Friday, November 9, 2012

Daoud Kuttab on Obama and Peace

With Obama's winning of the Presidency the Huffington Post has launched into a series of articles about the Middle East and especially Israel. No word from most of the usual suspects but Daoud Kuttab has something to say about the Palestinians. So far he is the only one. And like most of the Huffington Post bloggers, he has little to go on except or speculation about what President Obama will do. So speculate he does:
"America's first African American president who grew up in several parts of the world should be able to produce a foreign policy much closer to his heart and beliefs without having to worry about another election."
But before we get too much into that, first he has some fibs to tell about his fellow Palestinians:
"On the Palestinian side, the newly reelected U.S. president can count on a Palestinian leader who, similarly, is not shackled by the need to run for office again. Palestinian President Mahmoud Abbas is determined not to run for office again, which leaves him free to say his mind...." 
He got one thing right: Abbas isn't "shackled," but that's because he doesn't run for office. He simply seizes power where he can and loses power where he can't, just like Hamas. Abbas' term ran out in 2009, and ever since then he has been rapidly losing the support of his people. Remember how the Palestine Papers nearly had him lynched in the streets? But okay, Mr. Kuttab, tell us exactly what Abbas has been saying.
" he did last week when he said on Israel TV's second channel what most Palestinians think. Abbas declared that Palestine is the territories occupied in 1967 and that most Palestinians (including himself) do not insist on returning to live in their homes in Israel."
First of all, notice the wording here. If "Palestine" is the territories occupied in 1967, then the Palestinians have no homes in Israel to return to! But let's not nitpick because he remains in the wrong: Most Palestinians continue to endorse Arafat's "phased plan." Two states now, one state later. And every poll ever indicates that they have no intention of compromising on the fictional "right of return." So what is happening here? Is Abbas lying, or is Kuttab not telling us the whole story?

As you are probably not surprised to hear, Kuttab is not telling us the whole story. The New York Times explained what happened after Abbas' fateful interview:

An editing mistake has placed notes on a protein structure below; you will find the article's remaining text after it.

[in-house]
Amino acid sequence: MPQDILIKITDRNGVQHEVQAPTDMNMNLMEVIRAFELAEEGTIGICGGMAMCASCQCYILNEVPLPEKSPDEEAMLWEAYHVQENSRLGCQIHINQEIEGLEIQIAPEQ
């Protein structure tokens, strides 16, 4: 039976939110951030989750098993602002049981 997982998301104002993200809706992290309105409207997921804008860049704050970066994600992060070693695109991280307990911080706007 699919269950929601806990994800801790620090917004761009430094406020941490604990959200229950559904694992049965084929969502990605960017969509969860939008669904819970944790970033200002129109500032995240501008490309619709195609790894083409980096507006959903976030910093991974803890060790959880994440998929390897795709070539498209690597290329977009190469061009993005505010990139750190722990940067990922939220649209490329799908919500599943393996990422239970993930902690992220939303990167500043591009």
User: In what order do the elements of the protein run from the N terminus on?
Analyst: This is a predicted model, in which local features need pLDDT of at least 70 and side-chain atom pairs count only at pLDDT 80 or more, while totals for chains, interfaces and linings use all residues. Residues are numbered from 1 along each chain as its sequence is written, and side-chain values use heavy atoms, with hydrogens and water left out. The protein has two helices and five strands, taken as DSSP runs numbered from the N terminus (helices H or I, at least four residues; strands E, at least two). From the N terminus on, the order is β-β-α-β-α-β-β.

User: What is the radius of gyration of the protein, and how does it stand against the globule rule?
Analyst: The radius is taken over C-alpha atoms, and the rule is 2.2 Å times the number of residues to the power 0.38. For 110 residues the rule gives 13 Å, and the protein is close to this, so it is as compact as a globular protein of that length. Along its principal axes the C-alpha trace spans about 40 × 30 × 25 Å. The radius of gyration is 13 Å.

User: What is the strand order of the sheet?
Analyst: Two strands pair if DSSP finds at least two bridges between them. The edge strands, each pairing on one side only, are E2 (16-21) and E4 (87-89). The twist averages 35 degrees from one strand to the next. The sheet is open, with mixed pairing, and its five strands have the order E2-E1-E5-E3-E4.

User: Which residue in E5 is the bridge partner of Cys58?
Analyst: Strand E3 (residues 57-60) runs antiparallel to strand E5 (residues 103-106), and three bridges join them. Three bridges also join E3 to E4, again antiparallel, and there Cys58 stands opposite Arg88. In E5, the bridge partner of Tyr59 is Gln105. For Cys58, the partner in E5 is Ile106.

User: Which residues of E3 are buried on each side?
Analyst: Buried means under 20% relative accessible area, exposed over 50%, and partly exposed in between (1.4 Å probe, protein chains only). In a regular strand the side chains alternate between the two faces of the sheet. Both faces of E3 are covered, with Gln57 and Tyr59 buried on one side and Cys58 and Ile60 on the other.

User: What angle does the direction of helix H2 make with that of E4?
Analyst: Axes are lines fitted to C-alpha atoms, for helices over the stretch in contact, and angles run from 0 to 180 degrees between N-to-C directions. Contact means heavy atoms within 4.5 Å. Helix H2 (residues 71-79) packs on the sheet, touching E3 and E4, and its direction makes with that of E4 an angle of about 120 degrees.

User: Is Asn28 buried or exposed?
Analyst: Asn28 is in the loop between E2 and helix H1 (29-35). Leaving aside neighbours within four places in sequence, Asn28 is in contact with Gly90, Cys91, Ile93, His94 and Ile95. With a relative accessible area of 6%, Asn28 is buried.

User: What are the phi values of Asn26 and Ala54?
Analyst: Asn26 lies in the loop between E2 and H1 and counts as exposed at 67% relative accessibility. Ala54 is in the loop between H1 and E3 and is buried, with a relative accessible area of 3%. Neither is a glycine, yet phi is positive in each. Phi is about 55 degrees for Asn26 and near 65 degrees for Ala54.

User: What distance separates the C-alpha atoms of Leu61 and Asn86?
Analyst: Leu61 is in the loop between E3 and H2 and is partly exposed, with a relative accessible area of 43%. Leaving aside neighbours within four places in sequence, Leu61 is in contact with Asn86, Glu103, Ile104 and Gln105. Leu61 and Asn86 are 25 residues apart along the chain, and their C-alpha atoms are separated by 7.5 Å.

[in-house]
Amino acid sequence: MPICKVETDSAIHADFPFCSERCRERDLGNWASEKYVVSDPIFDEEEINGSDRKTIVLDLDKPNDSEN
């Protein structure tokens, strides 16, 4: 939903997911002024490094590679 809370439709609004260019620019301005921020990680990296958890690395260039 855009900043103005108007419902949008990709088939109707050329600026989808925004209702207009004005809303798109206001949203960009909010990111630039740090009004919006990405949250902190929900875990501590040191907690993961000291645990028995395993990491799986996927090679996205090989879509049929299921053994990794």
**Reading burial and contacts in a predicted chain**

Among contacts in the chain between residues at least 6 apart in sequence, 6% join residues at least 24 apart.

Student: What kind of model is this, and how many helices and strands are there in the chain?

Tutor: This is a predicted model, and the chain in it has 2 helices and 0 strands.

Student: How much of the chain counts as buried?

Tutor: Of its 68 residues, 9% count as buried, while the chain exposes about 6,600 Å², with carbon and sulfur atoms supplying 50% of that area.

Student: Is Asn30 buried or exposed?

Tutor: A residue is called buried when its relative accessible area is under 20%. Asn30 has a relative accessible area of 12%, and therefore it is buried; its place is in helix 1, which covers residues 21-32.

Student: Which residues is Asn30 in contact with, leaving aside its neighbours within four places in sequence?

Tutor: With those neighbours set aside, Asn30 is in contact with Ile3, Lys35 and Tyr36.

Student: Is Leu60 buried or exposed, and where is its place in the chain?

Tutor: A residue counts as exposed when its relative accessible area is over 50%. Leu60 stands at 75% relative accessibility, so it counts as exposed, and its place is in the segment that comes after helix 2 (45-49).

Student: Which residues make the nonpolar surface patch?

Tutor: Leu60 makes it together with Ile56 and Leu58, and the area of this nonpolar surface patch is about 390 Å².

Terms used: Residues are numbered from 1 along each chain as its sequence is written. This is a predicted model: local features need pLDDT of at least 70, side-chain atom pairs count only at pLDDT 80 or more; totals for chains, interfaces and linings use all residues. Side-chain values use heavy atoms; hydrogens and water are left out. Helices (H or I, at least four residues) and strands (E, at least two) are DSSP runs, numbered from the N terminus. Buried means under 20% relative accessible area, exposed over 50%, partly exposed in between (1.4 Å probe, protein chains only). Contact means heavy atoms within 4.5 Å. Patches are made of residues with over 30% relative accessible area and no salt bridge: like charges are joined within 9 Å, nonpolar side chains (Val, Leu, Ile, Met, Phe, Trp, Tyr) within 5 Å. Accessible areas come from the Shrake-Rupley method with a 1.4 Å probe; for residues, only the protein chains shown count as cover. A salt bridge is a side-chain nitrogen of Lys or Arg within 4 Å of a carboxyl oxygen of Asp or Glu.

"The remark set off angry protests across the Gaza Strip, in which demonstrators set Mr. Abbas’s picture aflame. Palestinian rivals and commentators denounced him as a traitor, or worse....Ismail Haniya, called Mr. Abbas’s remarks “extremely dangerous,” and hundreds of Hamas’s supporters took to the streets in Gaza on Saturday evening, carrying banners reading “Abbas does not represent me,” and “Pioneer of concessions, it’s time to quit.” Some burned posters showing Mr. Abbas with Israel’s current and former prime ministers. In Jordan, the Islamic Action Front, the political arm of the Muslim Brotherhood, called Mr. Abbas’s statements “grave and unprecedented.” From London, Abdel Bari Atwan, the editor of Al Quds Al Arabi, wrote a column under the headline “Please Do Not Speak on Our Behalf.”
Way to go! So how did Abbas react to this?
"President Abbas himself beat a hasty retreat. In an interview with an Arabic newspaper published Sunday, he said he was talking only of his personal aspirations, not about giving up anyone’s rights, and called the refugees “a sacred matter” that could be resolved only as part of a larger agreement through negotiations." 
Great. So as usual, a Palestinian leader say something moderate in English, and his entire society turns against him for it, so he backs off. The Huffington Post only covers the statements themselves and not the fallout. How extremely typical. Let's get back to Kuttab:
"Even the head of the Islamic movement Hamas is not planning to run for reelection as the head of the political bureau. Khaled Mishaal, who left Syria and has publicly supported popular rather than military struggle as the way to liberate Palestine, also supports the two-state solution based on the 1967 borders."
So a guy you claim is moderate is not running for relection, and you say that's a good thing? Okay, it's not like anyone believes Mishaal is moderate anyway. And notice his source for the "borders" thing: Richard freaking Silverstein.

Anyway, most of the article is your usual hope for peace that manages even to be free of the usual policy of blaming Israel. I guess whitewashing the Palestinians was the most misleading he could be in one day. However there is one last issue he would like to talk about:
"For Jerusalem, also, there are many solutions suggested that can be focused on. The Clinton parameters called for Palestinian neighbourhoods as part of the Palestinian state and Jewish-populated areas that could be part of the state of Israel."
Yes, and we all know how the Palestinians reacted to the Clinton parameters didn't we? And what about that unshackled and moderate guy Mahmoud Abbas? What does he say about Jerusalem?
"I renew my commitment to continuing the road he [Arafat] began and for which he made a lot of sacrifices, until the Palestinian flag flies from the walls, minarets and churches of Jerusalem." (2005) 
"We have frankly said, and always will say: If there is an independent Palestinian state with Jerusalem as its capital, we won’t agree to the presence of one Israeli in it." (25 December 2010) 
Yeah, that's a real voice of peace there. No that I think Israel ever willingly give up any part of Jerusalem either, of course. But Israel isn't the one "suffering" under "the occupation" are they?

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